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It is known that the smallest 4-chromatic graph of girth 4 is the Grötzsch graph (11 vertices). What happens for girth 5?

The Brinkmann graph (21 vertices) has chromatic number 4, girth 5 and is 4-regular. Moreover it is the smallest graph (in terms of the order) with these three properties.

Dropping the 4-regularity constraint, is there a graph of smaller order than the Brinkmann graph that is 4-chromatic and of girth 5? I haven't found anything in the literature but I may have missed it.

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  • $\begingroup$ It is on at least 15 vertices. $\endgroup$ – joro Jan 12 '15 at 10:34
  • $\begingroup$ @joro can you give more details? $\endgroup$ – Florent Foucaud Jan 13 '15 at 9:14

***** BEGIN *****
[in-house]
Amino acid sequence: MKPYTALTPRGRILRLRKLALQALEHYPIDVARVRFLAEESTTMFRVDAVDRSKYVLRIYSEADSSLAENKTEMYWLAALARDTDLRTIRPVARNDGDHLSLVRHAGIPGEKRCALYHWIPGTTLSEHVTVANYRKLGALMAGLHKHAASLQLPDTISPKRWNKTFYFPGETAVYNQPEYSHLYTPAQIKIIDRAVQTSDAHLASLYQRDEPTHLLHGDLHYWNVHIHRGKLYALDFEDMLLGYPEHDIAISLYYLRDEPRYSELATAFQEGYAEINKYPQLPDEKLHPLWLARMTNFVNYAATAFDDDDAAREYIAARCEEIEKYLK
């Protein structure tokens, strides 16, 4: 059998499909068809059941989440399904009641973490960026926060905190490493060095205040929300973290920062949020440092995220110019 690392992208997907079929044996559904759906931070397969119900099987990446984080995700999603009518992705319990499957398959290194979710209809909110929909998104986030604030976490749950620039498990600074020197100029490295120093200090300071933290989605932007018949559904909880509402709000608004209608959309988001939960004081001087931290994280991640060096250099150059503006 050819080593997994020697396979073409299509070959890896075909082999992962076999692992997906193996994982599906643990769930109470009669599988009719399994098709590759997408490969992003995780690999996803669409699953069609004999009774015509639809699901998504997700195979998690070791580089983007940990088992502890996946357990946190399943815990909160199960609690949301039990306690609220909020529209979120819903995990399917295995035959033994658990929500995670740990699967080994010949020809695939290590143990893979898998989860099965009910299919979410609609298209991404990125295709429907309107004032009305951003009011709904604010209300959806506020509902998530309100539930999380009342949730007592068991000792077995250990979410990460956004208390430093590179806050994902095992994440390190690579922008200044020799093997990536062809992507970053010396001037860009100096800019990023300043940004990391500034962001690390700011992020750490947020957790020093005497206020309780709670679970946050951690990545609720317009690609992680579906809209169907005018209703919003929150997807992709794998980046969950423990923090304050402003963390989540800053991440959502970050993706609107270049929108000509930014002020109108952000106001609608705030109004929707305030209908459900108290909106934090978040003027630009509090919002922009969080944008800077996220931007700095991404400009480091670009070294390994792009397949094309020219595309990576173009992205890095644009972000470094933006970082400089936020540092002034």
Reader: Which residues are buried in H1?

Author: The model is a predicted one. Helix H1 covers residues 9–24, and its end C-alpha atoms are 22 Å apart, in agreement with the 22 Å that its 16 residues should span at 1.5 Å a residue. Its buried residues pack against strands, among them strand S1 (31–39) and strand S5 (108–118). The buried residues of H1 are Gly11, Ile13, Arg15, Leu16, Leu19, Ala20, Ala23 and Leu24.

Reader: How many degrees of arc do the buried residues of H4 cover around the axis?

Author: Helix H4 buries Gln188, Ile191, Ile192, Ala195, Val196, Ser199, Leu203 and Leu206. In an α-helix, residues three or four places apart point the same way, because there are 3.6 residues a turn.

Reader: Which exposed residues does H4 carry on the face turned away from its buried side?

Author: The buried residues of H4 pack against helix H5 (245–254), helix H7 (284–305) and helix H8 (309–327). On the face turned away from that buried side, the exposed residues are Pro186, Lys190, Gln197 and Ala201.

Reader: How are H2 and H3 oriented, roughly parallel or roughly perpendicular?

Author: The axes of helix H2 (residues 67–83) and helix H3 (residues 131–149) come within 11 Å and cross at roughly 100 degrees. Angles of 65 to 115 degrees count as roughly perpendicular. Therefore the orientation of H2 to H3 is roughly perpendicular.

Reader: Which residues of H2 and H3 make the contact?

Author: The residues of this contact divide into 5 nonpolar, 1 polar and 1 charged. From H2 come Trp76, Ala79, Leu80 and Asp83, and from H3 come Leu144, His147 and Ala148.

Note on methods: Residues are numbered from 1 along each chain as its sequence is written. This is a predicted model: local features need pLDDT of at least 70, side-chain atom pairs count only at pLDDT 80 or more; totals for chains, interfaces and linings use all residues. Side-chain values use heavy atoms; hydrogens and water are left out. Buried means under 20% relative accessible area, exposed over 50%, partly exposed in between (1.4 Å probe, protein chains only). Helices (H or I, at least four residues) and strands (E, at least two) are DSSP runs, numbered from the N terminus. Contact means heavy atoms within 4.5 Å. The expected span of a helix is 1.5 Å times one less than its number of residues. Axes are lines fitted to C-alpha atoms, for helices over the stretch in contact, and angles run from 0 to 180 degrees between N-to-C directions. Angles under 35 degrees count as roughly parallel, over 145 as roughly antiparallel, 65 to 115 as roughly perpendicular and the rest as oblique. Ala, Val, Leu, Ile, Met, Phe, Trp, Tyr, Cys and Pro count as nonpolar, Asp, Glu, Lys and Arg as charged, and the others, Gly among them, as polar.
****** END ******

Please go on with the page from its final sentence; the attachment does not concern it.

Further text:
• $\begingroup$ I did computer search in sage. Let me know if you need the code to run it longer if you wish (I gave up in about 15 minutes). $\endgroup$ – joro Jan 13 '15 at 9:16
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    $\begingroup$ Here it is: gist.github.com/jor0/e2402a8dfb3a210dc88d#file-mogirth5-sage Probably comment the suggested printing for speed. $\endgroup$ – joro Jan 13 '15 at 9:33
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    $\begingroup$ Since $\delta\geq 3$, we may estimate $\Delta$ better. Take any vertex of degree $\Delta$; all its $\Delta$ neighbors, as well as their $\geq (\delta-1)\Delta$ other neighbors are distinct (due to the girth condition), so there are at least $1+\Delta\delta$ vertices at all. Thus, if $\Delta\geq 7$ then there are at least 22 vertices, and we may assume $\Delta\leq 6$. $\endgroup$ – Ilya Bogdanov Jan 13 '15 at 13:44